Moshe Melako, 20, during his funeral at the Mount Herzel military cemetery in Jerusalem, Monday, July 21, 2014. Melako was one of 13 soldiers killed in several separate incidents in Shijaiyah on Sunday, as Israel-Hamas fighting exacted a steep price, killing scores of Palestinians and more than a dozen Israeli soldiers. In Israel, a country where military service is mandatory for most citizens, military losses are considered every bit as tragic as civilian ones. (AP Photo/Sebastian Scheiner) News,World,Israel,Middle East,Palestinians,Gaza,Hamas Israelis take cover as a siren sounds during a rocket attack fired by Palestinian militants from… Israeli soldiers hug during the funeral of Staff Sgt. Moshe Melako, 20, at the Mount Herzel… A man checks damage to his wall after a rocket fired from Gaza landed in Ashkelon, Israel,… A woman and a girl walk past Israeli soldiers on patrol in the town of Sderot after a group of…
Source: Israeli mood turns dark with mounting casualties | WashingtonExaminer.com
Op-ed: Why The Gay Panic Defense Must Go | Advocate.com
The landmark hate-crimes legislation signed by President Obama bears his name, and an entire generation of young people rallied around his memory to push for LGBT progress at a previously unimaginable speed. Despite all of that forward momentum, however, one thing remains the same: too many people still think it is acceptable to defend their violence against our community and our persons by invoking the so-called gay panic or trans panic argument that was famously employed by Matthews killers. Unfortunately, there is no law in any state of the union prohibiting the perpetrators of unspeakable violence from using this blatantly homophobic and transphobic tactic as an excuse for their actions. As newspapers across the country rightly herald the end of marriage bans, the beginning of open service by lesbian, gay, and bisexual patriots in our armed forces, and a sea change of public opinion on LGBT issues, this heinous tactic still lurks in courtrooms, garnering little attention despite its significant impact and the message it sends. In 2013 my organization, the LGBT Bar, introduced a resolution at the annual meeting of the American Bar Association, calling on states to outlaw the use of this reprehensible defense. The delegates of the ABA who represent every red and blue corner of the country and every judicial philosophy from Scalia to Ginsburg approved our resolution without dissent. Legal professionals, regardless of their ideological leanings, understand it is never acceptable to defend violence based on who a victim is. Yet only California is moving toward passing legislation outlawing this so-called defense; a bill has passed the Assembly and awaits action in the Senate. And while thats an important start, there is real violence happening to real people in the other 49 states of our union.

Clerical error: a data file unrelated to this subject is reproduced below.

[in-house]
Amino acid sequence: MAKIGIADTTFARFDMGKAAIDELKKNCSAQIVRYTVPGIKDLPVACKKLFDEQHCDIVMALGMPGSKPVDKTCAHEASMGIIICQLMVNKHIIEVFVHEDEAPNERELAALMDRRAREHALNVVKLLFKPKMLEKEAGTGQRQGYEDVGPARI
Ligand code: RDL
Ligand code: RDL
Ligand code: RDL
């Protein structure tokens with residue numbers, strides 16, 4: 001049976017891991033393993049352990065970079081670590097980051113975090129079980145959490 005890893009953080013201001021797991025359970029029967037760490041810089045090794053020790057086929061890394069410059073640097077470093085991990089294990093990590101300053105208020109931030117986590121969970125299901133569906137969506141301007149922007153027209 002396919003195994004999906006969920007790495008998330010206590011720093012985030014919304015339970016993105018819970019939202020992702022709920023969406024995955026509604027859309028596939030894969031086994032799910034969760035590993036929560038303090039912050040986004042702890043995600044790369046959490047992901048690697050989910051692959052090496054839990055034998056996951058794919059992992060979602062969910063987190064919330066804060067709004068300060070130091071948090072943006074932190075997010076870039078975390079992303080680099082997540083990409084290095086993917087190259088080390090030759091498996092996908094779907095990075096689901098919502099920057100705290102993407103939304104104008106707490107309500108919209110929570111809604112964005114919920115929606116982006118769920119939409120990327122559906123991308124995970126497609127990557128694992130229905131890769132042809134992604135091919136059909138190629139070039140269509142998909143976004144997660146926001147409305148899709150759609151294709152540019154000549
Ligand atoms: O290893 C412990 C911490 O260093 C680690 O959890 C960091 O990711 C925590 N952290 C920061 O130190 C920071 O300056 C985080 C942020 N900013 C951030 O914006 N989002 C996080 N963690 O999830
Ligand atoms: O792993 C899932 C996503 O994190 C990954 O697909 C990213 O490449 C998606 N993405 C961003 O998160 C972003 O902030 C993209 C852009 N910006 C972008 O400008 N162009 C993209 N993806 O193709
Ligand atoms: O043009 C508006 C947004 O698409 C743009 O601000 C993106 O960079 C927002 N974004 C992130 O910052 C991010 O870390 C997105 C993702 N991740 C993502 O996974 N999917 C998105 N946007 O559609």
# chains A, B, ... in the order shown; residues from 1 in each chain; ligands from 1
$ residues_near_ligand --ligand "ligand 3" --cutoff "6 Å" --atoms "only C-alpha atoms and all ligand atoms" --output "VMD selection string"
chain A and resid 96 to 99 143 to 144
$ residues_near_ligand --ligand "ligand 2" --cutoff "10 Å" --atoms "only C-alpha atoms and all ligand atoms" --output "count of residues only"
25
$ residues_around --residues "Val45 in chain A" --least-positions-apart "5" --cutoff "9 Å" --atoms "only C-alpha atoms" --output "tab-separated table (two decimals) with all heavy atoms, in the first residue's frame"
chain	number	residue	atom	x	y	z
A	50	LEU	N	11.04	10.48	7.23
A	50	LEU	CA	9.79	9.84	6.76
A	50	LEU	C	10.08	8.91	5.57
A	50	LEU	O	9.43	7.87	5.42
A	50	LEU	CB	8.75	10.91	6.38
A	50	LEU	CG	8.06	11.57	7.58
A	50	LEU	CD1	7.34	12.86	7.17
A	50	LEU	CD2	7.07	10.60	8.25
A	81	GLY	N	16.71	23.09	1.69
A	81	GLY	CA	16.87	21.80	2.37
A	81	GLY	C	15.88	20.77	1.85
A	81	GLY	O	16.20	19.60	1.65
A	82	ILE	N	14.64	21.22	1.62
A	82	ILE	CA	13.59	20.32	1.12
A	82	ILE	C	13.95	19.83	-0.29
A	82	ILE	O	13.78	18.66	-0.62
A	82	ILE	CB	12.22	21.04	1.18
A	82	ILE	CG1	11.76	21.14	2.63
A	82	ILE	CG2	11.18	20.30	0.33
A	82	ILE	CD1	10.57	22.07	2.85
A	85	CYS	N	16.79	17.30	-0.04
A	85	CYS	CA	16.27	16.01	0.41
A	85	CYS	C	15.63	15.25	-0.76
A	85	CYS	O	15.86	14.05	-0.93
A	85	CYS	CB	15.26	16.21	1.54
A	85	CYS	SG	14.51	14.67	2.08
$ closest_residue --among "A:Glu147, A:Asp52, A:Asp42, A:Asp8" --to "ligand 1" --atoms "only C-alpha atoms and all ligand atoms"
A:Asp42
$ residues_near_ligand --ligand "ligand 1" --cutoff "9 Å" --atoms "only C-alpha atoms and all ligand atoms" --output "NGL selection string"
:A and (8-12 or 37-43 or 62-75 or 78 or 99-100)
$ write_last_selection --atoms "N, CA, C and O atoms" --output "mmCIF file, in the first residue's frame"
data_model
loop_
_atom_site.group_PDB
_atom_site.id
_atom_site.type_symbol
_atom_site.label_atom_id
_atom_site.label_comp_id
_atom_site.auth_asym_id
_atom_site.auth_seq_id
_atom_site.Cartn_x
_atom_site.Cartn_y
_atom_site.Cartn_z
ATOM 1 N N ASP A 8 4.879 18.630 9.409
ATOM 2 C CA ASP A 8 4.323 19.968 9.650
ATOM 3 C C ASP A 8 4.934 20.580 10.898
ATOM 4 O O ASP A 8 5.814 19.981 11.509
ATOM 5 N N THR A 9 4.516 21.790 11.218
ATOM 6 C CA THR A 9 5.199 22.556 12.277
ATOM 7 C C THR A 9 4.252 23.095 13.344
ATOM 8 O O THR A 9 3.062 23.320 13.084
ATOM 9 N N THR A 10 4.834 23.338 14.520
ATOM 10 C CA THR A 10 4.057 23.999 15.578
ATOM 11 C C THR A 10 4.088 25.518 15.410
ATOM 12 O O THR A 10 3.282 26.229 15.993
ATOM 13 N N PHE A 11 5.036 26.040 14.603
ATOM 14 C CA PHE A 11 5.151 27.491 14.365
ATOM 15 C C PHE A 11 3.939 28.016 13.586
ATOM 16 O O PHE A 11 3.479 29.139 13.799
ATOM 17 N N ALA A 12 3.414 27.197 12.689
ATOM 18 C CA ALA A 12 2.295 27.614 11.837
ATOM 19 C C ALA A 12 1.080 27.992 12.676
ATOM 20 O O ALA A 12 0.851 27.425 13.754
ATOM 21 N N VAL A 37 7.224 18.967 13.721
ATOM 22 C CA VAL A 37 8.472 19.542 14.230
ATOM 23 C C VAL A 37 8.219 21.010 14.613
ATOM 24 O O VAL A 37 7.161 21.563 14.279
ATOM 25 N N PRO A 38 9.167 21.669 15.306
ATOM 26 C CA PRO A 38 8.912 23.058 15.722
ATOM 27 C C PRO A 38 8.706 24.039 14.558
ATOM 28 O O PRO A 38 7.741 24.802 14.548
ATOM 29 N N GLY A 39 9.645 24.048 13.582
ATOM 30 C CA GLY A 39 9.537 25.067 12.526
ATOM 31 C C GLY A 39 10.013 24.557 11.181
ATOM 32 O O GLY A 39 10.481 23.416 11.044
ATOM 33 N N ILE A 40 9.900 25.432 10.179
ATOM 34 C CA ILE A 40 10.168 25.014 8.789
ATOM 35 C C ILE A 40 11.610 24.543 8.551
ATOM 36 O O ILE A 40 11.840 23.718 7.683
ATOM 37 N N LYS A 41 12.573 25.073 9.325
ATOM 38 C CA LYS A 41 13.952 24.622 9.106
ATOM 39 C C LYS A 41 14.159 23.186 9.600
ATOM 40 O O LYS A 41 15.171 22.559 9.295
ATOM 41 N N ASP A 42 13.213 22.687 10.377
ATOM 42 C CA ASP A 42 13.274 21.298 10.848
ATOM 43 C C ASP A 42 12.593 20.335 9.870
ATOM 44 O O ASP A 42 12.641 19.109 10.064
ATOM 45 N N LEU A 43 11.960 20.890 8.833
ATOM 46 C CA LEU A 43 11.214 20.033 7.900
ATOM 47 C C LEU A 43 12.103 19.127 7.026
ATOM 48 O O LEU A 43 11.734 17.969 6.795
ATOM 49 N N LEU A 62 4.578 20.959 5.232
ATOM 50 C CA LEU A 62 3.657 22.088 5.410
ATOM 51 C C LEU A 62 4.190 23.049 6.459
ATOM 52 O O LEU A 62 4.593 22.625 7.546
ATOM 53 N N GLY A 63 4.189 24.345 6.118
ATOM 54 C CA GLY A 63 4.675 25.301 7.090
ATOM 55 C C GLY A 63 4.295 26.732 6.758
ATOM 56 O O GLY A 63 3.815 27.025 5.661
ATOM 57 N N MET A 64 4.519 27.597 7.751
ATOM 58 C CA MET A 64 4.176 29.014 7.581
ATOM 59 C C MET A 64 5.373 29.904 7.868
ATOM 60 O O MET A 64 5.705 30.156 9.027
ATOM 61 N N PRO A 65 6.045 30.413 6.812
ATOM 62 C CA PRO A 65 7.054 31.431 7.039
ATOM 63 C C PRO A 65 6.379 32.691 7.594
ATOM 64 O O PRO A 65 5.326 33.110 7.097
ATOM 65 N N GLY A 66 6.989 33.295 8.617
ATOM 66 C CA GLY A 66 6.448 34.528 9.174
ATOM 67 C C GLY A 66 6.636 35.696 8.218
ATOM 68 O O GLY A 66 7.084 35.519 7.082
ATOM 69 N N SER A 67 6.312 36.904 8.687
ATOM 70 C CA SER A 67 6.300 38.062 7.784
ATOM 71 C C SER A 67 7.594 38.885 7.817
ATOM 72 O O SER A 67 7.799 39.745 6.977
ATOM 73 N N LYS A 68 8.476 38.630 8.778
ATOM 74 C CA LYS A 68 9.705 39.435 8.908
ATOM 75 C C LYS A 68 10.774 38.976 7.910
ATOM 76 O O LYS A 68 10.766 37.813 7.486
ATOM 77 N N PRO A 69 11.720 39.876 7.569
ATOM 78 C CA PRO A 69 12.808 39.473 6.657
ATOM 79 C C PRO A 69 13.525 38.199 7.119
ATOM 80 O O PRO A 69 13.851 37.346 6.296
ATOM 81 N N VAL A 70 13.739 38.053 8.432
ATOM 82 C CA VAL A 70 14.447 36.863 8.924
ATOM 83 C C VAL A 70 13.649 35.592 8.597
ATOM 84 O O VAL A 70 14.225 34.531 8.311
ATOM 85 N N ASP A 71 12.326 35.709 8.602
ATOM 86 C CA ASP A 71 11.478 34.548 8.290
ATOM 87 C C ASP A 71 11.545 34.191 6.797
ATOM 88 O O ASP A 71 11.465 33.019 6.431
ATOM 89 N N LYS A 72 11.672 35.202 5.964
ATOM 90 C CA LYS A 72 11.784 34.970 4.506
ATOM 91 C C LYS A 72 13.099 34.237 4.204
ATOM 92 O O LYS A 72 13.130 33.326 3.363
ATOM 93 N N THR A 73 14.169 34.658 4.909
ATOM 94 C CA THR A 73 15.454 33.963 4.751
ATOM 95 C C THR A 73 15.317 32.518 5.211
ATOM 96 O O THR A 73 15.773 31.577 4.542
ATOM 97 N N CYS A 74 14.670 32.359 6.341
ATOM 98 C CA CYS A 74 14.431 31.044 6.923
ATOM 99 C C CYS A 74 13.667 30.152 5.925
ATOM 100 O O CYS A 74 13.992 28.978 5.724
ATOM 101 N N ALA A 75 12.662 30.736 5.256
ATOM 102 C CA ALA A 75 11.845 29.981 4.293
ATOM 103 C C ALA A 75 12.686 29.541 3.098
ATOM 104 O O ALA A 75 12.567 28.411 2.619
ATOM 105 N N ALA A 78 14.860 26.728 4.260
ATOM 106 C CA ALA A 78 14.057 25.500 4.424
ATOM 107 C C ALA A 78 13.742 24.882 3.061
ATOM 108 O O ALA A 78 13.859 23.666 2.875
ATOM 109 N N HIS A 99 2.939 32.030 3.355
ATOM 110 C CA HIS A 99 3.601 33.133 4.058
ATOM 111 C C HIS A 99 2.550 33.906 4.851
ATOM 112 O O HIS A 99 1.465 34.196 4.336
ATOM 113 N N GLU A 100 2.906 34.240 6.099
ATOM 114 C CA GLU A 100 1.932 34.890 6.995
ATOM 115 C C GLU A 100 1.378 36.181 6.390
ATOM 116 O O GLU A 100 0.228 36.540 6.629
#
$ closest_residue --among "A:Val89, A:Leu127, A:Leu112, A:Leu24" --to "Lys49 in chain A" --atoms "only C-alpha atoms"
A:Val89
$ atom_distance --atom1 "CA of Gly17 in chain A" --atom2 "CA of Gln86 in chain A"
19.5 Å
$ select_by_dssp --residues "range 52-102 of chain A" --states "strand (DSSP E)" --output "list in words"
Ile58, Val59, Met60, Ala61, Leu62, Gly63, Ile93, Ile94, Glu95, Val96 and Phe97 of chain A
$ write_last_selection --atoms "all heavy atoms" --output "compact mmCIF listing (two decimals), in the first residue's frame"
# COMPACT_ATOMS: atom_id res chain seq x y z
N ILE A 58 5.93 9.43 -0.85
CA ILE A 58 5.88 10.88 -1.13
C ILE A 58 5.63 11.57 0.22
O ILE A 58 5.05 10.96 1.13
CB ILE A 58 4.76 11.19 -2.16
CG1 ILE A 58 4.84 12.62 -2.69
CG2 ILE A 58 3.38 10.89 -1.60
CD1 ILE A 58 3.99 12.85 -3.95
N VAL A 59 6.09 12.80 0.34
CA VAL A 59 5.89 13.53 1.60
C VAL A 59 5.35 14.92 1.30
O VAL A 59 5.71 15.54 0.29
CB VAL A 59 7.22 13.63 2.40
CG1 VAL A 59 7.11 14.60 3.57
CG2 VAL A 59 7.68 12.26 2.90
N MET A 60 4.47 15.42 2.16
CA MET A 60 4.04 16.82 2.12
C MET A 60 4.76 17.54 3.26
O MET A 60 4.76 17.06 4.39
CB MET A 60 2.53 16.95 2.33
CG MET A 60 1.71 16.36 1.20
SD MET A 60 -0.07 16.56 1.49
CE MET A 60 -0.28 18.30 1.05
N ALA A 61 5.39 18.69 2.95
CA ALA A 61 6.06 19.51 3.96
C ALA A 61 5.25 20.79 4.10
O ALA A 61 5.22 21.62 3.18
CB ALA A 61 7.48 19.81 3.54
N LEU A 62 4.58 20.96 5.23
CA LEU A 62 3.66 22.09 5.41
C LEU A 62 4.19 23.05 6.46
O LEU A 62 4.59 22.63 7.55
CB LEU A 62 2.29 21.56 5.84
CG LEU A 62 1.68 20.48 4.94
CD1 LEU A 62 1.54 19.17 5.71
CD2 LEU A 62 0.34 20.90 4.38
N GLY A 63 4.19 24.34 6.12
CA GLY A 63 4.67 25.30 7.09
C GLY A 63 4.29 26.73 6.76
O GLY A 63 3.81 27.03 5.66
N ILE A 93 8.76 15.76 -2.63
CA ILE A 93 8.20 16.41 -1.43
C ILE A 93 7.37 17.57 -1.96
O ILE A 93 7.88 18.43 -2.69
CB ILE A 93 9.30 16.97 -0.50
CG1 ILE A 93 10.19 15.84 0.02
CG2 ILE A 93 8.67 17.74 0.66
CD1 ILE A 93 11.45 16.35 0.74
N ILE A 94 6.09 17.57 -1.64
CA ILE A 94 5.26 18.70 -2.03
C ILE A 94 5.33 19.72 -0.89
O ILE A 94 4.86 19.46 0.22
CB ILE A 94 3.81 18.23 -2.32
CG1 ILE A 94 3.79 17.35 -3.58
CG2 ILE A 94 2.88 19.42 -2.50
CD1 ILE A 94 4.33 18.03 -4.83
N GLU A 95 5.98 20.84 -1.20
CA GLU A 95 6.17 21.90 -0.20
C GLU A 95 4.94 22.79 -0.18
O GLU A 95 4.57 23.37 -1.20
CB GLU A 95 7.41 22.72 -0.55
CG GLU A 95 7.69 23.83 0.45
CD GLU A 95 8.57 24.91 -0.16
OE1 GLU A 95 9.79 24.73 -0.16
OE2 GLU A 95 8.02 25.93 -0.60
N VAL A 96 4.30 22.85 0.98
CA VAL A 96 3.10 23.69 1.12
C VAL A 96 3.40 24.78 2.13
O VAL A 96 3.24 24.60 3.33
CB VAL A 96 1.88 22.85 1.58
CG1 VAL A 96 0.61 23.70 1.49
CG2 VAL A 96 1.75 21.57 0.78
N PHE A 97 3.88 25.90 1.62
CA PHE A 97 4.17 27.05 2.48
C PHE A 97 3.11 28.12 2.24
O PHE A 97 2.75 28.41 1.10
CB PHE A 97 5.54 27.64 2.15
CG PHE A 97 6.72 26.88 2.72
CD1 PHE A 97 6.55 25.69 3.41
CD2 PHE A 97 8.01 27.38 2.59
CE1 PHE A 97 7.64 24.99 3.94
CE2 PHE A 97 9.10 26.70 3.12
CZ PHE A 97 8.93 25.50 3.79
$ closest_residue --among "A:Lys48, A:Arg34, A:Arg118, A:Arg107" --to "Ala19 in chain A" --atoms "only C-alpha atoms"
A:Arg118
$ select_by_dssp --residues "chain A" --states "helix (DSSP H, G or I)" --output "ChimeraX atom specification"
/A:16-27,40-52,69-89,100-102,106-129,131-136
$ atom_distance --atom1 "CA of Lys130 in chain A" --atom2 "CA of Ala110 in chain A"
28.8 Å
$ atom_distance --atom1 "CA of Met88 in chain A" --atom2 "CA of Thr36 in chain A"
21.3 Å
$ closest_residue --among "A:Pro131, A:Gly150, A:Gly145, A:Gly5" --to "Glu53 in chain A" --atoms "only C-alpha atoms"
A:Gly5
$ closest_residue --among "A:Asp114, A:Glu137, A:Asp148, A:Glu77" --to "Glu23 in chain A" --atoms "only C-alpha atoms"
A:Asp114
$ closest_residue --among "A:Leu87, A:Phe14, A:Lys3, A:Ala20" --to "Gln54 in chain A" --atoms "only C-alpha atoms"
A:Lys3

More: Op-ed: Why The Gay Panic Defense Must Go | Advocate.com